Please be aware that there is no actual scientific misophonia test or misophonia scale and this exercise is not a diagnostic tool. Nor is it intended to be medical advice.
Since there is no current diagnostic test for misophonia, people with sensory sensitivities need to use the information and tools currently available to assess their possible involvement with misophonia. To that end, this exercise was developed to help people focus on the signs and symptoms of misophonia. It was developed using information collected from various sources: the monthly misophonia.com online survey, comments and discussions in the Support Forum, feedback to the What Misophonia Means to You inquiry, and discussions in the Facebook Support Group.
Level One: Annoyance with an Edge.
Everyone has things they dislike. But the things that bother people with misophonia have an uncomfortable edge to them. The trigger sound could be something like sniffling. When a person with misophonia hears sniffling, it immediately draws their attention. It may not be much more than annoyance, but some other unpleasant quality to the experience exists. If this is as far as it goes, we could call this Level One misophonia.
Level Two: Focused Attention
When a trigger event occurs, the person with misophonia intently focuses on that sound. It overtakes all other sensory input. The sound is then in the foreground of the person’s awareness and perceived quite negatively. Other unpleasant emotions may also be present. This sustained attention exists until the trigger events stops or the person can distance themselves from the event.
Level Three: Reality of Physicality.
Level Three misophonia may include uncomfortable physical symptoms. Among other things, people have reported having a nervous stomach, headache and muscle tension. Like the trigger set, physical symptoms vary from person to person. Sometimes, people identify that they “carry” their stress in their shoulders. Or that they feel a little nauseous when confronted. The physical symptoms of misophonia follow a similar path.
Level Four: Psychological Predicament.
Misophonia is thought to be a neurological condition but it can contribute to a wide range of psychological problems. Some of these problems are common to the condition and others are unique to the individual. Nervousness, apprehension, fear, disgust and rage are some of the feelings that people experience when confronted with a trigger. These feelings range from mild to wild and can be one of the hardest components of misophonia to endure. Psychological pain may be as much of a problem to deal with as physical pain is. Some say that it can be even worse because sometimes physical pains have simple fixes. But quick fixes are not so readily available for alleviating complex psychological issues.
Also, people begin to have more difficulties with interpersonal relationships at this stage. This is partly due to the emotions a person may exhibit while triggered. Expressing frustration, disgust, or anger with others can easily cause friction or hard feelings.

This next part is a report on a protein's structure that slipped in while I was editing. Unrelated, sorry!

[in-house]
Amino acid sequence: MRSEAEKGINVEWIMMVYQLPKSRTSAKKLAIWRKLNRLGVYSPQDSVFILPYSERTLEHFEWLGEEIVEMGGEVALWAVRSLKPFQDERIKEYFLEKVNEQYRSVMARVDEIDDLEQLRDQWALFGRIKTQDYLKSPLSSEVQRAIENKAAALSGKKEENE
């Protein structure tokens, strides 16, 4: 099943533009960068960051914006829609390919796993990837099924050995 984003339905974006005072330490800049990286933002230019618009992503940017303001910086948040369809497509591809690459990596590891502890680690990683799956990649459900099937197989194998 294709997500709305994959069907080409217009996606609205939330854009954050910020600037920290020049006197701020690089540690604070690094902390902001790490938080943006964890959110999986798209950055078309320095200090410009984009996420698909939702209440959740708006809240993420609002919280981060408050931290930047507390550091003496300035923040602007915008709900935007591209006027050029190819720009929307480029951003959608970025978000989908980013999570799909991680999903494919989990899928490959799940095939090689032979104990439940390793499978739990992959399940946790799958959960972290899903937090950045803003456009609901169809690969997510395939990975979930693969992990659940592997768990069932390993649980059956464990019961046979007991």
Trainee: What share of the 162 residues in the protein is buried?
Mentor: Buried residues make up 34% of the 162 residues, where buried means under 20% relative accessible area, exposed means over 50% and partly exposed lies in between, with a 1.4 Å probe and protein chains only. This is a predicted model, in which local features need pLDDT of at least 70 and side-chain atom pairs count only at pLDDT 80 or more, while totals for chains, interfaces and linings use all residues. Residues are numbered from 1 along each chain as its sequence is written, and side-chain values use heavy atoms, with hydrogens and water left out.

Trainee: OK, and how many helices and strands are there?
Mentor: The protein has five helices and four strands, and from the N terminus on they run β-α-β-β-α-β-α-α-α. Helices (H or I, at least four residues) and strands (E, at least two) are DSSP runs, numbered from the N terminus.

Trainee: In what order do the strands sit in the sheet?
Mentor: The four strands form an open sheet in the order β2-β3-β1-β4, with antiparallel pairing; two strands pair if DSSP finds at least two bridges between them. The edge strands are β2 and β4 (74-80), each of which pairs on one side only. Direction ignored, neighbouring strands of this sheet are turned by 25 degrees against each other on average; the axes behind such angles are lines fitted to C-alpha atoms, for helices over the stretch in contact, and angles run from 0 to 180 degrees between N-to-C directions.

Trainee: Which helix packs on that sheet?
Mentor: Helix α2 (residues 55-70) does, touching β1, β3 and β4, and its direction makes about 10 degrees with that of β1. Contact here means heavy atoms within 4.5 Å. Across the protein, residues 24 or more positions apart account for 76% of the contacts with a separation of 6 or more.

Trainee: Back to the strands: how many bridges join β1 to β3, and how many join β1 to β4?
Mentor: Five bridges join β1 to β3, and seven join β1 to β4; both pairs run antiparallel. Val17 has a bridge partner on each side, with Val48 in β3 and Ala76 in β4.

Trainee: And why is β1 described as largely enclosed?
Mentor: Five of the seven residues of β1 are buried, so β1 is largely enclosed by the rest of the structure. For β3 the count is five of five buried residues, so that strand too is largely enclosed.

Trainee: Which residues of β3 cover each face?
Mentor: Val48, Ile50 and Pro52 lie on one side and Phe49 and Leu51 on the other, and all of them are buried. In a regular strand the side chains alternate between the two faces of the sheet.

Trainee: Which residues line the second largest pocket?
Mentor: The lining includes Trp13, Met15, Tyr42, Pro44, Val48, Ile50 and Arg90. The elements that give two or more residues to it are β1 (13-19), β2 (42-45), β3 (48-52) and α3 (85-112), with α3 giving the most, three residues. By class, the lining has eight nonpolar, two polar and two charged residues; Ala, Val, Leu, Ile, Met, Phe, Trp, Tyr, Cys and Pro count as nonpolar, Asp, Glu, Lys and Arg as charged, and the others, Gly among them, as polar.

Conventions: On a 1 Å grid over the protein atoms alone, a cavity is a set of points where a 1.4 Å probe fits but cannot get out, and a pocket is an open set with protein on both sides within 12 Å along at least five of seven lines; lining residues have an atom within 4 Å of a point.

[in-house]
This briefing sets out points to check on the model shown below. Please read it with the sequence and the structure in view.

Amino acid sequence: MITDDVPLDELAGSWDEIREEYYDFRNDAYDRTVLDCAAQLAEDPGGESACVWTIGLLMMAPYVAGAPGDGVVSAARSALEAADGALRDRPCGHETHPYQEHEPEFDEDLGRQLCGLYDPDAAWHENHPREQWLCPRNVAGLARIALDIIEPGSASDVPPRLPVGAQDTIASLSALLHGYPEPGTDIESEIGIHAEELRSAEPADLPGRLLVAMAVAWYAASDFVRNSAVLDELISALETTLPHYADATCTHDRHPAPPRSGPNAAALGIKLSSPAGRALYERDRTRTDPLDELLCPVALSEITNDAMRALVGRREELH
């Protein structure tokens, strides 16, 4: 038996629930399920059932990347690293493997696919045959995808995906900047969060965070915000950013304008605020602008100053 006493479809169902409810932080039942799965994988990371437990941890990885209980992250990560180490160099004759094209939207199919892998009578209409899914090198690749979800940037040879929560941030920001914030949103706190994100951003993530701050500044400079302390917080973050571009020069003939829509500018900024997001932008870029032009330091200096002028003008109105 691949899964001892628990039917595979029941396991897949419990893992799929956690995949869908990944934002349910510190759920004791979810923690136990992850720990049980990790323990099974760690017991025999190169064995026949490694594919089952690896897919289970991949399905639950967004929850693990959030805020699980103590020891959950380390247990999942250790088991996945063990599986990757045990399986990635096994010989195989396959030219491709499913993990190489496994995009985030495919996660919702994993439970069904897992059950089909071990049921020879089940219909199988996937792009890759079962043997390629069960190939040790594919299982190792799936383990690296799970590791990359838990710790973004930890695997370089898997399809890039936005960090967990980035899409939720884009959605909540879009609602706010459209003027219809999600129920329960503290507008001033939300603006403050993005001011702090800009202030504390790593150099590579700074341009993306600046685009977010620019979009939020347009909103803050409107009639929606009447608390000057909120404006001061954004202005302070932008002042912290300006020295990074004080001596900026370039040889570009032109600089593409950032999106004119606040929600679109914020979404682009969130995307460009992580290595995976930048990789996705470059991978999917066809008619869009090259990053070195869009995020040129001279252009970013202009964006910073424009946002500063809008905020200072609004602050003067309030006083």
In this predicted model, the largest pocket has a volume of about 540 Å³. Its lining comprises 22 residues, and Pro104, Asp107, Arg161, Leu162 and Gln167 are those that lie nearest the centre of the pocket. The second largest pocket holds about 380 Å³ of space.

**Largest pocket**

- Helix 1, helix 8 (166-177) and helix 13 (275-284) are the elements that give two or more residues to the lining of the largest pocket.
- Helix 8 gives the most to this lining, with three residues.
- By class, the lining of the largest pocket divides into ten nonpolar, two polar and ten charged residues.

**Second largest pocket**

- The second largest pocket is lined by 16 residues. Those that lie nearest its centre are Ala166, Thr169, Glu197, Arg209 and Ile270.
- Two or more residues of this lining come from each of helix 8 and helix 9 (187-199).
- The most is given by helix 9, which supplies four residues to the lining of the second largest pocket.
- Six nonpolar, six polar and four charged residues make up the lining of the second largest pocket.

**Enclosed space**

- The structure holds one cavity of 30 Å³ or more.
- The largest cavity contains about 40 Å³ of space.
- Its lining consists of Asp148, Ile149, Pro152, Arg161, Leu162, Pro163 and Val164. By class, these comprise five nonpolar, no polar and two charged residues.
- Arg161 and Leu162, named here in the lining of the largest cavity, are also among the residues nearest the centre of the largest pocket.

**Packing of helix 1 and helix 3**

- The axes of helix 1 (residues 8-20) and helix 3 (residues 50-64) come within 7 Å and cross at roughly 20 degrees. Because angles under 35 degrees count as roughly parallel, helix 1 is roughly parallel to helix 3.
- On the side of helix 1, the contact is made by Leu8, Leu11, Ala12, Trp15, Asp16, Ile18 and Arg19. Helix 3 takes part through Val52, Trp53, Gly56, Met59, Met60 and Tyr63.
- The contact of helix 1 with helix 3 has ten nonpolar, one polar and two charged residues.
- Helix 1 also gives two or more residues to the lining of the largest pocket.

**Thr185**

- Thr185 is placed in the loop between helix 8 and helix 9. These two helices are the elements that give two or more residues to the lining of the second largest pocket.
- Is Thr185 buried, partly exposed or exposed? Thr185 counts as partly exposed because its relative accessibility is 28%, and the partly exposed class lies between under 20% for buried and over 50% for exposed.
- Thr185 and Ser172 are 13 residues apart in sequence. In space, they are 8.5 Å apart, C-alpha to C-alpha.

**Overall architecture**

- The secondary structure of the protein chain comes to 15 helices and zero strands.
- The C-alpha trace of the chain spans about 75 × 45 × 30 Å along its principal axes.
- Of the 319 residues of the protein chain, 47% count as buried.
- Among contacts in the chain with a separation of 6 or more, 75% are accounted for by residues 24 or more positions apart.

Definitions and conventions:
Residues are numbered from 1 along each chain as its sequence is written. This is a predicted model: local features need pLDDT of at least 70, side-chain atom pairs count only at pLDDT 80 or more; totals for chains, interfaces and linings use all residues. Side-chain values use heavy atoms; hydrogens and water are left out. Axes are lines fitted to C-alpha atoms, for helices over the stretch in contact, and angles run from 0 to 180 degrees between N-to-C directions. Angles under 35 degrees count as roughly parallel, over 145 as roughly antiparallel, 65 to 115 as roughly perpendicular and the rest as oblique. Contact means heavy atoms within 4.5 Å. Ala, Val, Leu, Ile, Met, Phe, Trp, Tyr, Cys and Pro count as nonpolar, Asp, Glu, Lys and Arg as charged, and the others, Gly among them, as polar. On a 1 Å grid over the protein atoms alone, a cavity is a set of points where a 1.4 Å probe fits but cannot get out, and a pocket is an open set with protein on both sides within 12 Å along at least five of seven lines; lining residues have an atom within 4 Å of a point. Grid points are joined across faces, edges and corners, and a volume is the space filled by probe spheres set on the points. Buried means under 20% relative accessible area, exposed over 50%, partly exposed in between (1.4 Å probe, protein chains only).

Level Five: Fear, Freeze, Fight or Flight.
In addition to psychological and physical symptoms, the hallmark feature of misophonia is autonomic reactions. An autonomic reaction is a physical change made in the face of anxiety or fear. People report respiratory problems, stomach issues, palpitations and other physiologic issues. Panic is not unusual in those with intense sensitivities. People sometimes experience automatic fight or flight responses. They feel compelled to escape the trigger or immediately remove themselves from the trigger environment. This reaction cannot be intentionally controlled. It’s an automatic physiological response to something that is perceived as a serious threat.
Level Six: Extreme Challenges.
After experiencing some combination of the preceding levels of misophonia, some people escalate up to actual violence. This is the worst case scenario. Both the thought of violence and actual violence (harm to self or others) constitutes the highest level of misophonia.
Misophonia can cause a serious strain on interpersonal relationships. Coupled with the lack of effective treatments the situation can become critical. It is possible that social isolation and continual pain and/or a sustained high stress level creates a sense of hopelessness. And in rare cases, some people report having suicidal thoughts.
A person may have the signs/symptoms of only one level of misophonia as described in this exercise. But it’s more common to have a mix of symptoms from different levels. The intensity of each level’s symptoms increases as the level rises. But people do not always progress through each group sequentially.
Note that symptoms and reactions presented in each level are subjective. Triggers that affect one person may not have a negative effect on another. Everyone has their own unique trigger set.
You can use the information in this misophonia self test in your plan for coping with misophonia. Make your own assessment of the value of this experience and take away from it the knowledge that you are not alone. Other people struggle with similar issues and you can have a dialogue with others by joining the Misophonia Support Group on Facebook.
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